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Gantz indicates Hamas may face harsher Israeli action in response to rockets

Defense minister says Israel to ‘show civil and economic generosity’ to Gaza only if security stability maintained; Erez Crossing to remain closed for Palestinian workers Monday

Emanuel (Mannie) Fabian is The Times of Israel's military correspondent.

Defense Minister Benny Gantz is seen during a meeting at the IDF Southern Command base in Beersheba, alongside military chief Aviv Kohavi (left), and Shin Bet head Ronen Bar (right), among other officials, April 24, 2022. (Elad Malka/Defense Ministry)
Defense Minister Benny Gantz is seen during a meeting at the IDF Southern Command base in Beersheba, alongside military chief Aviv Kohavi (left), and Shin Bet head Ronen Bar (right), among other officials, April 24, 2022. (Elad Malka/Defense Ministry)

Defense Minister Benny Gantz indicated on Sunday that the Gaza-ruling Hamas terror group may face harsher Israeli action in response to rocket fire at Israel, following a series of attacks on the south over the past week.

“We will continue to show civil and economic generosity only if security stability is maintained,” Gantz said following a meeting with top military officials at the IDF’s Southern Command, a day after announcing the closure of the Gaza Strip’s sole pedestrian crossing with Israel.

The move came following renewed rocket fire on the south on Friday night and overnight Saturday. The closure of the Erez Crossing was renewed for Monday as well, security officials confirmed to the Times of Israel on Sunday evening.

The number of Palestinians in the Gaza Strip who can work in Israel was raised to 12,000 last month, and the government said it would raise it by an additional 8,000, to a total of 20,000.

“Terror organizations and perpetrators of incitement must remember: It is those whose economic, civilian, and military situation is unstable who will be severely harmed by any unrest,” Gantz said according to a statement from his office.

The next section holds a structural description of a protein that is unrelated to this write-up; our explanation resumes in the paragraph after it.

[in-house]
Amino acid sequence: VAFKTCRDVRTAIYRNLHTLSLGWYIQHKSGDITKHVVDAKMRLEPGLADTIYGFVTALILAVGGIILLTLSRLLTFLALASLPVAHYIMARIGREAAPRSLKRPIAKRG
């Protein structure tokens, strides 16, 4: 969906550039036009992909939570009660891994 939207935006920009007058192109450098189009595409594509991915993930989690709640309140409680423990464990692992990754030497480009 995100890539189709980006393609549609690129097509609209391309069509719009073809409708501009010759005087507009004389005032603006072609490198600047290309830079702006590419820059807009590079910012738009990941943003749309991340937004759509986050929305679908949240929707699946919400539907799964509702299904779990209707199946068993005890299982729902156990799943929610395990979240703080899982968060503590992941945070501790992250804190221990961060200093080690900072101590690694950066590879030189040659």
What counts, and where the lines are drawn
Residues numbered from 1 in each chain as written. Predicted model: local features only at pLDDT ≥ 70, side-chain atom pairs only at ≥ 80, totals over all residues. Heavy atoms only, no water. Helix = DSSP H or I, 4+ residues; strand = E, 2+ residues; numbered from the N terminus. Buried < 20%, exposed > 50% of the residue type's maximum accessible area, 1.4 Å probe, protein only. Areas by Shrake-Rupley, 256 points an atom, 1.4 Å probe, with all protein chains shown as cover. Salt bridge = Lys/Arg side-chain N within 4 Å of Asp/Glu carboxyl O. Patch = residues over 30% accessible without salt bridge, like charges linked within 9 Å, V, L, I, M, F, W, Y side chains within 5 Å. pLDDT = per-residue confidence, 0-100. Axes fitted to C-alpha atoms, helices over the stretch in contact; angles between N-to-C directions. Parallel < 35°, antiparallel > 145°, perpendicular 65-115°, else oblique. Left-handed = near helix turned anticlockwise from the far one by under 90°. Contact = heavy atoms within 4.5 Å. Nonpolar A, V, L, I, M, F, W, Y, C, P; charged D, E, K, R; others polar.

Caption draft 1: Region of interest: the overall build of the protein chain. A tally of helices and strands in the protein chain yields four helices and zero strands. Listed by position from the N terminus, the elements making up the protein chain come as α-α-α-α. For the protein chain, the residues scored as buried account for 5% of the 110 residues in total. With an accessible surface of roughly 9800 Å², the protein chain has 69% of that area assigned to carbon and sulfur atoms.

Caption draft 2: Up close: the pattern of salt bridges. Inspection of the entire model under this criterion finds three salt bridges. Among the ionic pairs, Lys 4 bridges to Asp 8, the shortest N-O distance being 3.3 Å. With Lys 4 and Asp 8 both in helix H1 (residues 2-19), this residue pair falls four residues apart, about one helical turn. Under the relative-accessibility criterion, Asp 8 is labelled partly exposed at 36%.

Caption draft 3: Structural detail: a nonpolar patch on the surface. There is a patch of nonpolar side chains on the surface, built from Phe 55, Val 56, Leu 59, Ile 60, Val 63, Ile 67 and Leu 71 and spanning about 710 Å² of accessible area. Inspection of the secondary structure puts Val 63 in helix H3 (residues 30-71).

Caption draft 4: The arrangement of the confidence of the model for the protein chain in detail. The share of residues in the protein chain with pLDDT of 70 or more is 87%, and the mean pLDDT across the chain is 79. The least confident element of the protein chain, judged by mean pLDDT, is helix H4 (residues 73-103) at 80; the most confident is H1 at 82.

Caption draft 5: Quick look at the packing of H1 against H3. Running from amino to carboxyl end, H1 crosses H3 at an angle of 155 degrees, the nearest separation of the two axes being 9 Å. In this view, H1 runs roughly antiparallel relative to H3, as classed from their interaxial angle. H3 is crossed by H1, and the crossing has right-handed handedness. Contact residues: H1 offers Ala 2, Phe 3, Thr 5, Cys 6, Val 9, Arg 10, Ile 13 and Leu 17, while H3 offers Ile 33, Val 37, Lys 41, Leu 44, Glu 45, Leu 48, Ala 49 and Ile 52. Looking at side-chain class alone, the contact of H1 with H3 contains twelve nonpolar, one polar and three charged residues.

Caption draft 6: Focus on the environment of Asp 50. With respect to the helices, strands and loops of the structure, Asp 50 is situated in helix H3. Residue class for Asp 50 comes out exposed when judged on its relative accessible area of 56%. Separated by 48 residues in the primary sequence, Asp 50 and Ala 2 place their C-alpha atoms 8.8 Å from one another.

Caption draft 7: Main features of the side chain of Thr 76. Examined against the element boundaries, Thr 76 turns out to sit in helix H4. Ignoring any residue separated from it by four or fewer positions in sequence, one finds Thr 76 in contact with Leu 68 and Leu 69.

Recent rocket attacks on southern Israel have been blamed on Hamas rival Palestinian Islamic Jihad. But it is largely believed that Hamas has enough of a stronghold in the coastal enclave that no rival group would fire at Israel without the ruling group’s tacit approval, at the very least. “The responsibility for [the rocket fire] lies with Hamas,” Gantz said.

Palestinian workers are seen at the Erez Crossing in the northern Gaza Strip, as they wait to enter Israel for work, on March 13, 2022. (Attia Muhammed/Flash90)

“Israel has the ability, and will continue to use the power and various means at its disposal, in the way that it sees fit,” Gantz added, after some local officials lashed out at the lack of military response to the recent rocket attacks.

Gantz also spoke on recent clashes at Al-Aqsa mosque on the Temple Mount in Jerusalem. “Ramadan is supposed to be a holiday of prayer and family gathering. Unfortunately, there are those who hold stones and Molotov cocktails in their hands, instead of holy books.”

Earlier, Foreign Minister Yair Lapid placed blame for the violence squarely upon Hamas and Islamic Jihad, whom he said send activists onto the Temple Mount in order to incite violence that demands a police response.

Palestinians, including one waving a Hamas flag, clash with Israeli police at Al-Aqsa Mosque in Jerusalem’s Temple Mount compound on April 22, 2022. (Ahmad Gharabli/AFP)

Hamas and other Gaza-based terror groups have repeatedly invoked the flashpoint holy site as a red line. Police actions to quell riots there last year were among the triggers of an 11-day war in Gaza last May.

The Gaza Strip has been blockaded by both Israel and Egypt for 15 years in an attempt to contain the enclave’s Hamas rulers and other groups. Israel says the tight restrictions on goods and people are necessary due to efforts by Hamas, which is sworn to Israel’s destruction, to massively arm itself for attacks against the Jewish state.

Critics lament the blockade’s impact on ordinary Gazans, around 50 percent of whom are unemployed, according to the Palestinian Central Bureau of Statistics. The sky-high poverty rates make employment in Israel a highly attractive option for those lucky enough to receive permits.

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